8. IUCN, the World Conservation Union, has signed a memorandum of understanding with the Government of the Cook Islands to support the establishment of the world’s largest marine protected area – the Cook Islands Marine Park which was announced in August 2012. The Park is proposed to cover 1.065 million square kilometres – four times the size of mainland New Zealand. It is the largest marine park ever declared by a single country for integrated ocean conservation and management. The area includes remote atolls, high volcanic islands surrounded by fringing reefs and unspoilt fauna associated with underwater mountains and includes rare seabirds, blue whales, manta rays and several shark species. For further information. http://www.iucn.org/about/union/members/resources/news/?uNewsID=11486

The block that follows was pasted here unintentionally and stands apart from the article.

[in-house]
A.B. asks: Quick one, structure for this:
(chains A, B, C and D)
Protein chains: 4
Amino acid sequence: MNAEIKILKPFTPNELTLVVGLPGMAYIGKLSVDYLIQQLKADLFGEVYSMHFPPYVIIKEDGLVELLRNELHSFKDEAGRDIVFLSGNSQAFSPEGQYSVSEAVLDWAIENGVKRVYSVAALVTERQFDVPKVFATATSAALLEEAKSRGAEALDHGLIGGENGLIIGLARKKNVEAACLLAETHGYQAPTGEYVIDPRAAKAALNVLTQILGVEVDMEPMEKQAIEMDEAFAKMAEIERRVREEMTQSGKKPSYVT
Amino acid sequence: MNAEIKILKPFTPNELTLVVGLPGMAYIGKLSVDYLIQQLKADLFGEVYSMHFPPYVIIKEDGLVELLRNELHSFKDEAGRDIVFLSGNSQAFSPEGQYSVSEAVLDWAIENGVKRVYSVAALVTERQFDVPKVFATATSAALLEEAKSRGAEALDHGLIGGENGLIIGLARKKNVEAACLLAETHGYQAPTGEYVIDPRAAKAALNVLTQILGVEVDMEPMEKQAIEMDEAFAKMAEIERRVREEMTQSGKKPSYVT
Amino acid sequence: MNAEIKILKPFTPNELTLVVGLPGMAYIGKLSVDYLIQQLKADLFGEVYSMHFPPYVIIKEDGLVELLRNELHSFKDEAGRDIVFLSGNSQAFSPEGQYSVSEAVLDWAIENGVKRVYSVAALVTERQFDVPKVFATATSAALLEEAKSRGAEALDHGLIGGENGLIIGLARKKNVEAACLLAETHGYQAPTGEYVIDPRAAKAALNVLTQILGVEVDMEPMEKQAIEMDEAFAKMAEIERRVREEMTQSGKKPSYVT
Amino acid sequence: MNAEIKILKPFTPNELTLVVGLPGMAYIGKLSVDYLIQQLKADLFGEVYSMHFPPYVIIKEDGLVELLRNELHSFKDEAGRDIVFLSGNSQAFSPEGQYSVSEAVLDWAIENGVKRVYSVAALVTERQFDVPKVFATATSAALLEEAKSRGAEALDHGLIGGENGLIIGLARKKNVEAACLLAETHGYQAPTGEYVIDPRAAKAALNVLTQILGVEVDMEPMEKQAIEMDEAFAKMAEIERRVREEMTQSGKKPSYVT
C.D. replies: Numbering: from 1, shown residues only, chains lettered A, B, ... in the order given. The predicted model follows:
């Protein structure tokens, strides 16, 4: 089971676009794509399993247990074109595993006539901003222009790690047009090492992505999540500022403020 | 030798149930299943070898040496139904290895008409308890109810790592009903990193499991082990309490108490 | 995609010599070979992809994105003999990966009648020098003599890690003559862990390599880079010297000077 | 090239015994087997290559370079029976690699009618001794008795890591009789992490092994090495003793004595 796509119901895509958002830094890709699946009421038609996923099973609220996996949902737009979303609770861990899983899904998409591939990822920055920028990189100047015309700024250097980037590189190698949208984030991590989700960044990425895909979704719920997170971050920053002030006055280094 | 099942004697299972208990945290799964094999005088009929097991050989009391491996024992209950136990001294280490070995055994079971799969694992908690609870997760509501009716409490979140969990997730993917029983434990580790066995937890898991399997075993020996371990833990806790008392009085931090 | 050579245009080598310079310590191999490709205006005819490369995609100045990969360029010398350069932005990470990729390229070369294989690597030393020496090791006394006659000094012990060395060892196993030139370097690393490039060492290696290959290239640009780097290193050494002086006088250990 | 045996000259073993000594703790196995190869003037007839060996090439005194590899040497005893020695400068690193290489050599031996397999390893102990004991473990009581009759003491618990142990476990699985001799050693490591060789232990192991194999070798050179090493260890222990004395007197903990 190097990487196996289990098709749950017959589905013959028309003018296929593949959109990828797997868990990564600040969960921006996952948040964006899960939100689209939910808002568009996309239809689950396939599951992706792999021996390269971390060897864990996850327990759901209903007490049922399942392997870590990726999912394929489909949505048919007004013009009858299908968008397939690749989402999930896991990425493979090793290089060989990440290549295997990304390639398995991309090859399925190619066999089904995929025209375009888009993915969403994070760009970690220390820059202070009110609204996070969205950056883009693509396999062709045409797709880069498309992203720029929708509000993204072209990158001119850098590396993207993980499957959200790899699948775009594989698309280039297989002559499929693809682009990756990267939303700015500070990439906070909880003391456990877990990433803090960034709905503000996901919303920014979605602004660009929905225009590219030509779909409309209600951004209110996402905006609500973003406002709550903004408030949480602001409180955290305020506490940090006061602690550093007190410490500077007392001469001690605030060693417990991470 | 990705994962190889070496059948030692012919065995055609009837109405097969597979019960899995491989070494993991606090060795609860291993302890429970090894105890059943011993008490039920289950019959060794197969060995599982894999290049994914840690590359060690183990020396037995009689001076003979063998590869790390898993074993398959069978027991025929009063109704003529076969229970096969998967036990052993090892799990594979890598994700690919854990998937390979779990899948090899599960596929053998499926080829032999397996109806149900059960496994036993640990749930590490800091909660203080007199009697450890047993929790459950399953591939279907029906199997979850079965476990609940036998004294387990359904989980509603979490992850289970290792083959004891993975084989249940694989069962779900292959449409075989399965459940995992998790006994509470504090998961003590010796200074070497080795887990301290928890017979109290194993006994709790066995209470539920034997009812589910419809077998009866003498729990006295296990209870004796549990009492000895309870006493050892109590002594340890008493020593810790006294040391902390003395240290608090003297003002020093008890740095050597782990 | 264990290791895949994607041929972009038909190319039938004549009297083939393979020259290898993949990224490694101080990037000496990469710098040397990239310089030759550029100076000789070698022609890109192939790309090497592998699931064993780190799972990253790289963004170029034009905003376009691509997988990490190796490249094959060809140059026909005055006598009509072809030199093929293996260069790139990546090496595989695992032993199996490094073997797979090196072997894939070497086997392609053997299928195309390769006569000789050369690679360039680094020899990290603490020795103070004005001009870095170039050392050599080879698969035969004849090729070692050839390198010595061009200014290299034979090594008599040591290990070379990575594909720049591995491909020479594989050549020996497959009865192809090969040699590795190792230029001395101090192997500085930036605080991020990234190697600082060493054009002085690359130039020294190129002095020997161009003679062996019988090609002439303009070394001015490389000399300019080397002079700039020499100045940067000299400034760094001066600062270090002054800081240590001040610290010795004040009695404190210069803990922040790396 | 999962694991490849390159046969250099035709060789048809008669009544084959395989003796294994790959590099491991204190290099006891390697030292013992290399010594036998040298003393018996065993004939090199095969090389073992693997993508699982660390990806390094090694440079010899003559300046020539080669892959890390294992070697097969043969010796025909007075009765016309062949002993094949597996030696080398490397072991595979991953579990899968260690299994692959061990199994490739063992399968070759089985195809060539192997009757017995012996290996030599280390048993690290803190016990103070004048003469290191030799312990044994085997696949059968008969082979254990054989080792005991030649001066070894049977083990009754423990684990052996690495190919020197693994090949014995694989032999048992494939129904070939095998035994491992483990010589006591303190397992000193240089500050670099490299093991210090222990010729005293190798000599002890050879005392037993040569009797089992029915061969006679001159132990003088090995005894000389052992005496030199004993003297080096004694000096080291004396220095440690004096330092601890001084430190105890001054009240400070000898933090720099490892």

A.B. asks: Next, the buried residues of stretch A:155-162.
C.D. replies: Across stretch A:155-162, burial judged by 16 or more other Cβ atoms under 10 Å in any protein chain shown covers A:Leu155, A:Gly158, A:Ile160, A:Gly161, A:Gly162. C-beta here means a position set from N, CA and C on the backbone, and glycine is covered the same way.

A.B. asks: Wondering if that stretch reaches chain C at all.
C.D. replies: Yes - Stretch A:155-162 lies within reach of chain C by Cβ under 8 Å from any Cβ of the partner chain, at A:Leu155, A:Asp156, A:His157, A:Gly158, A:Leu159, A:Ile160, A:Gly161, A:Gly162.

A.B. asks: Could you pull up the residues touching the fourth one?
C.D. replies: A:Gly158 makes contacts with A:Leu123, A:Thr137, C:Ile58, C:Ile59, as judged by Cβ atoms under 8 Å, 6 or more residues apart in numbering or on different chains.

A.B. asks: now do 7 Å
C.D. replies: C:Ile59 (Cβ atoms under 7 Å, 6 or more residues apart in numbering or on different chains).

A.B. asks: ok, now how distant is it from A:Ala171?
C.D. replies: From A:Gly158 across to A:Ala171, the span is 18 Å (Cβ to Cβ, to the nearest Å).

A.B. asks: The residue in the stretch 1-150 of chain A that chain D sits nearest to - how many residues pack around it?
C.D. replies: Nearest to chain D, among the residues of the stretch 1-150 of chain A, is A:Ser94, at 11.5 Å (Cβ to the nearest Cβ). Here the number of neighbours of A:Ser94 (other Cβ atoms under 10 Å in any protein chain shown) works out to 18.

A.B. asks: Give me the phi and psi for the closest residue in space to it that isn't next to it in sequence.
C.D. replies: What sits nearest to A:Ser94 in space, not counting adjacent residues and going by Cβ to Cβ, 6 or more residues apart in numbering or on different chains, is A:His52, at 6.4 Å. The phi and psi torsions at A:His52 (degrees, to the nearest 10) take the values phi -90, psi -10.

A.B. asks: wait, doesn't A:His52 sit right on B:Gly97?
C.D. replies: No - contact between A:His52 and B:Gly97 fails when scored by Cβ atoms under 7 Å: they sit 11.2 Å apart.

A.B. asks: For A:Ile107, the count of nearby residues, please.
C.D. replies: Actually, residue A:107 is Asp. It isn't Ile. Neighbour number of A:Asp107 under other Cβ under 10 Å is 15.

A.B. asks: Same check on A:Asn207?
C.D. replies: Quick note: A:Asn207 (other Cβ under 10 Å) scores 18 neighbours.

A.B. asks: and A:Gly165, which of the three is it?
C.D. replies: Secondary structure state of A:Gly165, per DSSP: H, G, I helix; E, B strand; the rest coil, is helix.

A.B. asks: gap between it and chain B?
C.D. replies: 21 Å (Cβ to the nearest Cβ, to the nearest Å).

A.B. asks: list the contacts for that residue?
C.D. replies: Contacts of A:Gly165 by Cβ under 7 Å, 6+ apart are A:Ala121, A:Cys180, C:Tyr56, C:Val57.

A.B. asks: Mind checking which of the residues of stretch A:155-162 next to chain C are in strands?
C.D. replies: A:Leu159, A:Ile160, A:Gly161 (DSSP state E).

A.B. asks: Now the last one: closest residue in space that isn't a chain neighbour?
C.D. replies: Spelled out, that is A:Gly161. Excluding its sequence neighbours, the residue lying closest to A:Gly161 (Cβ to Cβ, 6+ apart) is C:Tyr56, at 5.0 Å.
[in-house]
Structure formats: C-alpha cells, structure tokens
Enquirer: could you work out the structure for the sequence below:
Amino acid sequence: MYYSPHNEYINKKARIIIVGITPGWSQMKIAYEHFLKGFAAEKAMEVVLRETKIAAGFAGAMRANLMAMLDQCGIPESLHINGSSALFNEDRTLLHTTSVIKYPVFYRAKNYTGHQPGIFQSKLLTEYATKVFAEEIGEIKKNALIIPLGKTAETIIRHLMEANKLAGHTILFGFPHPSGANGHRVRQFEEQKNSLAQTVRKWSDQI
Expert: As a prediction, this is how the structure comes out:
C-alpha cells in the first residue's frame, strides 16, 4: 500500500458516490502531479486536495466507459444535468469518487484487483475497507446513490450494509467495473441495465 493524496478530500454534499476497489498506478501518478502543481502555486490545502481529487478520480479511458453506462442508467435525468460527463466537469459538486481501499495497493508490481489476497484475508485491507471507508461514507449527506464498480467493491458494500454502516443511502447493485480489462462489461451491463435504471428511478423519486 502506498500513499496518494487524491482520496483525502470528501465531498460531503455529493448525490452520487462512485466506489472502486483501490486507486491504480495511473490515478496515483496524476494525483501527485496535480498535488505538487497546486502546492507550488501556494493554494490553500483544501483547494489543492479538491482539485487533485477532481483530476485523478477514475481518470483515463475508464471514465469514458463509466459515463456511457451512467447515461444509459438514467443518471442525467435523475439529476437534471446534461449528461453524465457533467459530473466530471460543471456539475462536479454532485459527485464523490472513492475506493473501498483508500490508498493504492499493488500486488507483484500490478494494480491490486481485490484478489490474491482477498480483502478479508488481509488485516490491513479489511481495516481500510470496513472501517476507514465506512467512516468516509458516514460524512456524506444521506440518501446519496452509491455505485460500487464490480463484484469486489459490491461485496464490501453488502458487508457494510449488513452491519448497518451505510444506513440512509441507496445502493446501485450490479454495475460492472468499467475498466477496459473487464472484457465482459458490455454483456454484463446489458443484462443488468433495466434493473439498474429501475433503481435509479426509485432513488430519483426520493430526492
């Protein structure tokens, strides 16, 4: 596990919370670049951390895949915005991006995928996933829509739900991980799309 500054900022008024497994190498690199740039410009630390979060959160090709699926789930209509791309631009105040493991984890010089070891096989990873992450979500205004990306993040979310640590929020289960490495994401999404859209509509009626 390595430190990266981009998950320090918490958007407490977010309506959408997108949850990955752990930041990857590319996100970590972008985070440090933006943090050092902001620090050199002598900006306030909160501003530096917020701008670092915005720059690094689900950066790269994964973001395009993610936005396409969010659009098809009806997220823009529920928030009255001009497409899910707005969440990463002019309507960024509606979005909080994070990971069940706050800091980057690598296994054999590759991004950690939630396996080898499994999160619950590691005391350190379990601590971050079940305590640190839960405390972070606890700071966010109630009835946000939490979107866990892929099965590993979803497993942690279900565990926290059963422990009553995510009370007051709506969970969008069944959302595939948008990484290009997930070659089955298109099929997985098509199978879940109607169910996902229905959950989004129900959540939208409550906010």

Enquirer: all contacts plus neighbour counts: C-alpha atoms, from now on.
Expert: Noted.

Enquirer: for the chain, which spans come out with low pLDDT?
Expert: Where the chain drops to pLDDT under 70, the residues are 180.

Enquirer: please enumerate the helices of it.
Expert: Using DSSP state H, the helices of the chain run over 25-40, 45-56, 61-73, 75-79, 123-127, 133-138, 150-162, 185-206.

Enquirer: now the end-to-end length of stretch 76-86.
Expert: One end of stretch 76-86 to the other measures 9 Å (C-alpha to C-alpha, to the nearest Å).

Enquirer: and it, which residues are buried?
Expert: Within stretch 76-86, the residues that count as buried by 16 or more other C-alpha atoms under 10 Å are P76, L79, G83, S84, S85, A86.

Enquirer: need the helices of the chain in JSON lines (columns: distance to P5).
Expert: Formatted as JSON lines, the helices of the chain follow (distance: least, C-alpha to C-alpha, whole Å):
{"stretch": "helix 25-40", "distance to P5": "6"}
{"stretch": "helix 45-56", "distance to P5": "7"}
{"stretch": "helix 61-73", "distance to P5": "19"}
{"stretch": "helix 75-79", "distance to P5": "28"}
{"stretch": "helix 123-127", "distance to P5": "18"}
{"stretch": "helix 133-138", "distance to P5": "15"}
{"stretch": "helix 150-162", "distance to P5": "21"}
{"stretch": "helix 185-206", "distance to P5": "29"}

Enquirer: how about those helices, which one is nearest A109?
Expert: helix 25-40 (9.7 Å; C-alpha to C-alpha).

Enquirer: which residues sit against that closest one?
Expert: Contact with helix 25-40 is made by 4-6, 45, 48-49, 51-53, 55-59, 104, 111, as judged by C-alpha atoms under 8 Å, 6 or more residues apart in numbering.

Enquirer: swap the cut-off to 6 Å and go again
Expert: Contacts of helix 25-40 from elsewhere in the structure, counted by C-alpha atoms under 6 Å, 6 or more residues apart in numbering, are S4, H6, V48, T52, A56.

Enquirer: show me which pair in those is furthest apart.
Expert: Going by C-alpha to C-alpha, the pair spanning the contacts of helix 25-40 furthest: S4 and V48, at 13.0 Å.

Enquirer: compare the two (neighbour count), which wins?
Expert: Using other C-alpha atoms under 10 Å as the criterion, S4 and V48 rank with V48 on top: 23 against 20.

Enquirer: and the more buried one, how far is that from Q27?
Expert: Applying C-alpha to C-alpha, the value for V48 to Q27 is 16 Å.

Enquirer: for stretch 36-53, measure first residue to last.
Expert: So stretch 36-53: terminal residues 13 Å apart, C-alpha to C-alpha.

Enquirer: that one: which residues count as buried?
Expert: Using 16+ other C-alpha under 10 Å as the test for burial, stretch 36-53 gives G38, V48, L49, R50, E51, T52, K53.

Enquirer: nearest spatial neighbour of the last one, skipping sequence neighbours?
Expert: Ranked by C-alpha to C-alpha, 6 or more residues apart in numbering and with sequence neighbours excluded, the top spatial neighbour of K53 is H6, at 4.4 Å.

9. In the Australian MPAs, mining activities, including petroleum exploration and development,- will not be allowed in no-take zones, anywhere in the Coral Sea marine reserve, or in the Special Purpose (Oil and Gas Exclusion) zone in the Australian South-west Marine Reserves Network. Restrictions on mining activities also apply in Habitat Protection zones and in other areas a permit or approval by the Director of Australian Federal National Parks will be required for mining activities, including in conjunction with the assessment and approval provisions of the Australian Environmental Protection and Biodiversity Conservation Act.
10. The land area of New Zealand is 268,021 km2 and the territorial sea and EEZ covers more than 4,083,744 km2 (excluding Tokelau Island) and is the sixth largest marine environment in the world. Australia has the third largest exclusive economic zone covering 8,505,348 km2.
11. The territorial sea extends to 12 nautical miles offshore while the Exclusive Economic Zone (EEZ) runs from 12 to 200 nautical miles offshore.